Henry I of England
Henry I of England (c. 1068 C.E. - 1 December 1135 C.E.), also called Henry Beauclerc (meaning good scholar), was the King of England. He ruled from, 1100 until his death in 1135. Henry was born in Selby, Yorkshire. He was the fourth son of William the Conqueror and Queen Matilda of Flanders. Henry was the only child born in England. His mother had come to England for her coronation in 1068.
|Henry I "Beauclerc"|
|King of the English|
|King of the English|
|Reign||3 August 1100 – 1 December 1135|
|Coronation||5 August 1100|
|Predecessor||William II "Rufus"|
|Successor||Stephen "of Blois" (de facto)|
Matilda of England (de jure)
|Duke of the Normans|
|Reign||1106 – 1 December 1135|
|Predecessor||Robert II "Curthose"|
|Successor||Stephen "of Blois"|
|Died||1 December 1135 (aged 66-67)|
|Spouse||Matilda of Scotland (1100–1118)|
Adeliza of Louvain (1121–)
|Father||William I "the Conqueror"|
|Mother||Matilda of Flanders|
Henry was educated in Latin and the liberal arts. His parents probably raised him to go into the Church when he was old enough. On William's death in 1087, Henry's two older brothers were each left half of their father's kingdom. Robert Curthose became Duke of Normandy. William Rufus became king of England. But Henry, still a minor, was left with no inheritance. Henry purchased the County of Cotentin in western Normandy from Robert. But Robert and William Rufus forced him out in 1091. Henry gradually rebuilt his power base in the Cotentin. He then allied himself with William against Robert. Henry was present when William died in a hunting accident in 1100. Robert was away on Crusade. Henry, who was present when William was killed, rushed to seize the English throne for himself.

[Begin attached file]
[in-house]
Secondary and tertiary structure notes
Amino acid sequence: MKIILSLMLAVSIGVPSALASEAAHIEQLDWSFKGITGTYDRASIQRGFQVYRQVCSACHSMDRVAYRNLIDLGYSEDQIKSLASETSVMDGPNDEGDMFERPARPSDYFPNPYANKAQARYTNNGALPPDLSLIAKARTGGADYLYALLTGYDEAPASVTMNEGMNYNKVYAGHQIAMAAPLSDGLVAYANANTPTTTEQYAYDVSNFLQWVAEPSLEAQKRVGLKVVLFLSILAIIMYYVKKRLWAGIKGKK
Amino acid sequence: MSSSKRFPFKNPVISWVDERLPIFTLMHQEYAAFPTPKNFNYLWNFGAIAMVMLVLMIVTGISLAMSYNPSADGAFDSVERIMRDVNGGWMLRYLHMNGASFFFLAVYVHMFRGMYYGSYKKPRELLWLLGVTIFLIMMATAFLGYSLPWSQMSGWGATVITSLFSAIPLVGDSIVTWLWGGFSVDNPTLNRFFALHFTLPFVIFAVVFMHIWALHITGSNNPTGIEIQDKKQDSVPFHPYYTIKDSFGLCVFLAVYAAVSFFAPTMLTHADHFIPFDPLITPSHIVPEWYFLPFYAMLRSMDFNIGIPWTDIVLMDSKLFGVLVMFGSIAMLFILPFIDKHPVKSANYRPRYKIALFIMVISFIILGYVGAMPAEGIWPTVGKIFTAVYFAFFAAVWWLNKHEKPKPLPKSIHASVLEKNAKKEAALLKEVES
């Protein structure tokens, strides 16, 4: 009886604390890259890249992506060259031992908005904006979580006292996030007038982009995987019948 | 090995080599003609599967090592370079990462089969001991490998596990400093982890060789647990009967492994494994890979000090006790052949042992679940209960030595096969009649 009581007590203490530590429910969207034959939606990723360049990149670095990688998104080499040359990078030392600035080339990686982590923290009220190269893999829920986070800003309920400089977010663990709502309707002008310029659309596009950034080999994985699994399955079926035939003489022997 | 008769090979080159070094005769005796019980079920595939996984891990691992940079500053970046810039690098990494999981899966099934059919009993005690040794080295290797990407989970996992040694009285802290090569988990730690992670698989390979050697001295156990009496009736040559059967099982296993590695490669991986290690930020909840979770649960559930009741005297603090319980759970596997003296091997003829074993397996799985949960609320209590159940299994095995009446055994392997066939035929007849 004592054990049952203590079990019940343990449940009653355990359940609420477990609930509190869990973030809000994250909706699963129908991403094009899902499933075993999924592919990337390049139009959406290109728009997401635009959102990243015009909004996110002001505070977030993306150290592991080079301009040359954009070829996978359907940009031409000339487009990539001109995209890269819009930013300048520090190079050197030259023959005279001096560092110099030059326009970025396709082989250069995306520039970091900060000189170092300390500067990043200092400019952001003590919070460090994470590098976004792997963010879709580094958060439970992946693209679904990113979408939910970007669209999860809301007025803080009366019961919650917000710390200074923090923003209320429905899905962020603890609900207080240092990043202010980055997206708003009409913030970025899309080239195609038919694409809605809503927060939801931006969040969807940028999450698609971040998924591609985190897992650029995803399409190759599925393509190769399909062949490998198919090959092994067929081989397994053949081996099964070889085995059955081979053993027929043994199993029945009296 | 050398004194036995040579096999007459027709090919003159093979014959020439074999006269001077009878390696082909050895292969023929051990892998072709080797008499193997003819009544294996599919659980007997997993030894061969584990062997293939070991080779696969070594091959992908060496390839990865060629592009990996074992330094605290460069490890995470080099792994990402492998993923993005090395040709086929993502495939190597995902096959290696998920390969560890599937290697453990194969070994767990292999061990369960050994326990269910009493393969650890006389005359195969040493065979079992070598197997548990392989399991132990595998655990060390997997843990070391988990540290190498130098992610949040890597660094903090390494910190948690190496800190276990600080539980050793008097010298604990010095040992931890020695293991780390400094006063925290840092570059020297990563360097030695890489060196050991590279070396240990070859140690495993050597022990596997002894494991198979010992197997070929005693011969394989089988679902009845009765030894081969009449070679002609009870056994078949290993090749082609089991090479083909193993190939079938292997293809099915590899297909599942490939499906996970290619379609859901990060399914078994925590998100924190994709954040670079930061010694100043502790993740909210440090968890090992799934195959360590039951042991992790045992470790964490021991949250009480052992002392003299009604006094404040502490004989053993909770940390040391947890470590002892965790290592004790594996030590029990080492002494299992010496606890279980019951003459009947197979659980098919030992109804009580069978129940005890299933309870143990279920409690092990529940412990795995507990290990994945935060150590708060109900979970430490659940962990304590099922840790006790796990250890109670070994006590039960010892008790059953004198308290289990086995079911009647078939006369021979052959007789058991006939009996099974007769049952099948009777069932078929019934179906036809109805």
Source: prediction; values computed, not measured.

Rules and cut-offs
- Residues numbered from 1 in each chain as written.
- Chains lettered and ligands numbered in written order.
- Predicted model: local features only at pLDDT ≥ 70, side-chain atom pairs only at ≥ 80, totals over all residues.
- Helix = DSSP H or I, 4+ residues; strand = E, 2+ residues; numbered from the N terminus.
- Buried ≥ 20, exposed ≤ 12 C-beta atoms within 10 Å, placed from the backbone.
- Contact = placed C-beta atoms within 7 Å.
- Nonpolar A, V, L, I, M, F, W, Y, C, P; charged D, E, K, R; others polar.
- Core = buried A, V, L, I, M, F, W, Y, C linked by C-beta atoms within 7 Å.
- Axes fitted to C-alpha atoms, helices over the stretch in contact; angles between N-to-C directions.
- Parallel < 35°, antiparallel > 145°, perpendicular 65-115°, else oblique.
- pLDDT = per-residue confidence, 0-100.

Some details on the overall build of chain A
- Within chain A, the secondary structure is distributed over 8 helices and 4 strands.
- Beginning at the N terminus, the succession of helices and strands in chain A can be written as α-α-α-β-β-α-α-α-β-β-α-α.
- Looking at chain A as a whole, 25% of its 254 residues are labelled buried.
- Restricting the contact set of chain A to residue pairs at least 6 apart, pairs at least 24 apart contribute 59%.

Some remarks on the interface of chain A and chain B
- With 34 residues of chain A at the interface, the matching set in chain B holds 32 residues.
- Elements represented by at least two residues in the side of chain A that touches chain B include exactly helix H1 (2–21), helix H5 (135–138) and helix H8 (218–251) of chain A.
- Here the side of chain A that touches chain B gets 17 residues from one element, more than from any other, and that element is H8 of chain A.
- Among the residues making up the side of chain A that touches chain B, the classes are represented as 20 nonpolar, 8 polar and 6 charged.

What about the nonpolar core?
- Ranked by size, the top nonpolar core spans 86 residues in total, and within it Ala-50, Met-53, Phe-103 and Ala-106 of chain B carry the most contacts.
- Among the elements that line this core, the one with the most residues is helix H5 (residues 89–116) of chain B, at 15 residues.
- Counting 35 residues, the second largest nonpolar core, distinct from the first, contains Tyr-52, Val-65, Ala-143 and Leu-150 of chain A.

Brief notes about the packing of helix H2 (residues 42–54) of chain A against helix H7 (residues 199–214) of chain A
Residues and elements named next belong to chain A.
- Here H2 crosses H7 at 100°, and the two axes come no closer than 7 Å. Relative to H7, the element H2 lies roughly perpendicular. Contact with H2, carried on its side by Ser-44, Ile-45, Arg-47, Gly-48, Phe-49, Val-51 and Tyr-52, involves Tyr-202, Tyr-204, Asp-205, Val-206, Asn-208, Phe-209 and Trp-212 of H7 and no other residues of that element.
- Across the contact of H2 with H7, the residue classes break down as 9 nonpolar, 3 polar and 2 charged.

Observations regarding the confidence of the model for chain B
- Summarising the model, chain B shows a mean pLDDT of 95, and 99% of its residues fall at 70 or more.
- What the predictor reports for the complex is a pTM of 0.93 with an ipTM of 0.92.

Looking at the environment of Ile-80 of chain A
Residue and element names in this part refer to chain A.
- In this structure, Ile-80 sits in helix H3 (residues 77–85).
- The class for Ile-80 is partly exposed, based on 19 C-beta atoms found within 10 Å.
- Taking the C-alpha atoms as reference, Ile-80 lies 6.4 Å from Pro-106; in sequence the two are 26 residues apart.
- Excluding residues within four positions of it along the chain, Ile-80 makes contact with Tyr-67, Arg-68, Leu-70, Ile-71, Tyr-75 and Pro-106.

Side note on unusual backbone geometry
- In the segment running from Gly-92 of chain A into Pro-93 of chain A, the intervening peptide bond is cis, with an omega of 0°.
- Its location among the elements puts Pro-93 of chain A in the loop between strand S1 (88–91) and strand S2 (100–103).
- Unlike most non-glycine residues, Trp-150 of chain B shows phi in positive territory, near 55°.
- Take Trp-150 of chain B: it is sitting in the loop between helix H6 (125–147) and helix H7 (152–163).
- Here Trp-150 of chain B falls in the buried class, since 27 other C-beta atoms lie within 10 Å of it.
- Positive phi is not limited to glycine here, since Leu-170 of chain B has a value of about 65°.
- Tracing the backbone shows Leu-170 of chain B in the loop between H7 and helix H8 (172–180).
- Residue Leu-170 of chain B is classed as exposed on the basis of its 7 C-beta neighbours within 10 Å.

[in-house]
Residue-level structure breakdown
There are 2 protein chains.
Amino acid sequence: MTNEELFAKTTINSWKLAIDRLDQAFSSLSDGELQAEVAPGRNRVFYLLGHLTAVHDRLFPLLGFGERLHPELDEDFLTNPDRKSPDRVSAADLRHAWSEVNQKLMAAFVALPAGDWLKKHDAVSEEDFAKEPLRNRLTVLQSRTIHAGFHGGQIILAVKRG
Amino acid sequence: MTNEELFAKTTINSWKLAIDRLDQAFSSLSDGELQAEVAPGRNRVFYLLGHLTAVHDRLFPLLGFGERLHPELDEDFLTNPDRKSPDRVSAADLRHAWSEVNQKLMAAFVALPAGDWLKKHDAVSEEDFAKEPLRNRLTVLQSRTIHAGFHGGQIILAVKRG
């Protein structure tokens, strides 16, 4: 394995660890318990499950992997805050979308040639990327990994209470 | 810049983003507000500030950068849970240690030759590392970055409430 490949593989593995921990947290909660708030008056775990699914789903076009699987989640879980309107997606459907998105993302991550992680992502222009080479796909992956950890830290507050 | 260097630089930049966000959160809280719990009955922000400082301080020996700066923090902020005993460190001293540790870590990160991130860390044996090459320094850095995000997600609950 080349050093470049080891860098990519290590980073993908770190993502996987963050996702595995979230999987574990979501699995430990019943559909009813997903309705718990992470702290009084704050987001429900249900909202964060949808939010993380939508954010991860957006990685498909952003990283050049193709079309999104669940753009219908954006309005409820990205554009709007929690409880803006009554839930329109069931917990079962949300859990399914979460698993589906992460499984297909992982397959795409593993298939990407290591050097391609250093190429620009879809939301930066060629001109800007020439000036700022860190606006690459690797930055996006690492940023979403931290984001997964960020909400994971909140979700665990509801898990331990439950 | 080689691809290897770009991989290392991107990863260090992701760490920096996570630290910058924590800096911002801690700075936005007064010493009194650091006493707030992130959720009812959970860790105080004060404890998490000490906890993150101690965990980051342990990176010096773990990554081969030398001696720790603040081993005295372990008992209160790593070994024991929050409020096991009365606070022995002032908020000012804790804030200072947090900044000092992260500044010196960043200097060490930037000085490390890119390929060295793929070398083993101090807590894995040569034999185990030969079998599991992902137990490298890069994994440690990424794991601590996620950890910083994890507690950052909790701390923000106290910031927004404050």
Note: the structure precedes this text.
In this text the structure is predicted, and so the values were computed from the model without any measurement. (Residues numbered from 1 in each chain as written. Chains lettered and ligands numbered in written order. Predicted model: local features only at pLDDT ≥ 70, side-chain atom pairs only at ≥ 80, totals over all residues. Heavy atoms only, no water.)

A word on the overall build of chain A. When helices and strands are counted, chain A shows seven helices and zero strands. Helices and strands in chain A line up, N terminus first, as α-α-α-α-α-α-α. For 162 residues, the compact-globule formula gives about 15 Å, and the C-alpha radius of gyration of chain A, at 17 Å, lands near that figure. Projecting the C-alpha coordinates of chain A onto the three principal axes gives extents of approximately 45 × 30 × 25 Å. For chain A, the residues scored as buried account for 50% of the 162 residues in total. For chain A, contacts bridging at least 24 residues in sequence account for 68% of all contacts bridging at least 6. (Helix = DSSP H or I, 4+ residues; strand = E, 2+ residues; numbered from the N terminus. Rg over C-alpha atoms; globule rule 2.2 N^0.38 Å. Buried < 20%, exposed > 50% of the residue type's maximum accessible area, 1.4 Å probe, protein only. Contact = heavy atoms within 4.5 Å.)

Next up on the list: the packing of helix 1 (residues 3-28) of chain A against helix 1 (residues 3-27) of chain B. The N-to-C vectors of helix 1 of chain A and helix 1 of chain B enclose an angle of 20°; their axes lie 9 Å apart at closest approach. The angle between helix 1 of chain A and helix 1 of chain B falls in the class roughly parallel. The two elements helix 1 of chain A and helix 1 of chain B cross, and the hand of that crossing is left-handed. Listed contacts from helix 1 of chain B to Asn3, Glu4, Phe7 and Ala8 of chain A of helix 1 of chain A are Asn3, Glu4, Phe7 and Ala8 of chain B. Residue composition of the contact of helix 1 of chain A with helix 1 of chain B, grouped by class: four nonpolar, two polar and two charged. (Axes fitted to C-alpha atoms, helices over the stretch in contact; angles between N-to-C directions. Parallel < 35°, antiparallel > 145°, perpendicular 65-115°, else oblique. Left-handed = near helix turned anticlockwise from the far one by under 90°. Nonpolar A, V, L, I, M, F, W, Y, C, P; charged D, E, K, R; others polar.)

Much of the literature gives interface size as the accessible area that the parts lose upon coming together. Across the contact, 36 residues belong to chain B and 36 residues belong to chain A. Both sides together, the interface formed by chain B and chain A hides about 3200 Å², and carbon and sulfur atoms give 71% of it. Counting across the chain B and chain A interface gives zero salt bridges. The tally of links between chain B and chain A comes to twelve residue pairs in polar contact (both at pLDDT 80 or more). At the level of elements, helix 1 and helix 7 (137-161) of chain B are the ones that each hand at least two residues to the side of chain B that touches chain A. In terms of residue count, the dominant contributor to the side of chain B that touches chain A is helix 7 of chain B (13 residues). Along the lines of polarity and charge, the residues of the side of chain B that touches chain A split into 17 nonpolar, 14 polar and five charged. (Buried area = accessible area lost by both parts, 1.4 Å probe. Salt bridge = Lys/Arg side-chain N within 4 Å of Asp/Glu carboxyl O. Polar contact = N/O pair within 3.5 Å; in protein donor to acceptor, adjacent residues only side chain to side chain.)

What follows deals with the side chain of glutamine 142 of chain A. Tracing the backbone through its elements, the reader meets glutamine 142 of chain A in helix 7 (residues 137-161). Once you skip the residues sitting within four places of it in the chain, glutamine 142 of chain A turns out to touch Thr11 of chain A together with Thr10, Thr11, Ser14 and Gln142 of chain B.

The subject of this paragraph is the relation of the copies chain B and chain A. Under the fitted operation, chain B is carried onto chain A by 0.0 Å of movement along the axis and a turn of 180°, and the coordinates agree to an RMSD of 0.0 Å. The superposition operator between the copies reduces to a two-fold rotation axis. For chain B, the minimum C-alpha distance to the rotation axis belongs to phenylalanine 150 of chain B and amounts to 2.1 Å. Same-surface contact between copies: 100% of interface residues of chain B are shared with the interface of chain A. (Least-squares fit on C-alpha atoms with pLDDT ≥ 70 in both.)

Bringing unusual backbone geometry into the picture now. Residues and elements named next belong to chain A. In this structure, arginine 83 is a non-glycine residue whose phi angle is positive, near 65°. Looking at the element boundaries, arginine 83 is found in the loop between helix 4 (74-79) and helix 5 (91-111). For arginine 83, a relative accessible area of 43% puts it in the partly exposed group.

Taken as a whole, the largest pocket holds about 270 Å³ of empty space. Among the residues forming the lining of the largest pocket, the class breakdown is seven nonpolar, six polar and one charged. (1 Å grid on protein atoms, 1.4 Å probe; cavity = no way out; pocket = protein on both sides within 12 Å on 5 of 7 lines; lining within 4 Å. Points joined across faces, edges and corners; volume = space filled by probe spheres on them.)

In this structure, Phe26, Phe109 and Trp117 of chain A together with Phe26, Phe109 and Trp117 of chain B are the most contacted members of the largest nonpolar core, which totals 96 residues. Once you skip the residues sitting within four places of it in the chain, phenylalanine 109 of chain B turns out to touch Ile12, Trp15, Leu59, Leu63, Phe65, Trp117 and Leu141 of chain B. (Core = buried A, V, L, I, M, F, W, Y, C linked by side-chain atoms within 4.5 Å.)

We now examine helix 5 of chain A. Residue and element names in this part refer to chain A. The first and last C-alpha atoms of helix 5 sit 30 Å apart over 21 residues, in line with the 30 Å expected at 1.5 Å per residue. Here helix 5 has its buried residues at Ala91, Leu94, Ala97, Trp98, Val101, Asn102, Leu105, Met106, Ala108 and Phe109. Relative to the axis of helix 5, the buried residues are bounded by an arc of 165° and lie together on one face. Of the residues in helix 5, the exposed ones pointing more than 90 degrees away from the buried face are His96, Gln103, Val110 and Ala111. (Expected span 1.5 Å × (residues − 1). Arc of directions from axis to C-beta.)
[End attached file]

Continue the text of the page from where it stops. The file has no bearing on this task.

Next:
Henry and his wife had two children, Matilda and William Adelin. William died in the White Ship sinking on November 25, 1120. Henry also fathered more illegitimate children than any other English King. Estimates by various historians place the number between 20 and 25.
Henry died in 1135. He was visiting his daughter and grandchildren in Normandy. After his death, his daughter Mathilda and his nephew, Stephen, argued over who would become the ruler of England, and started a civil war called The Anarchy.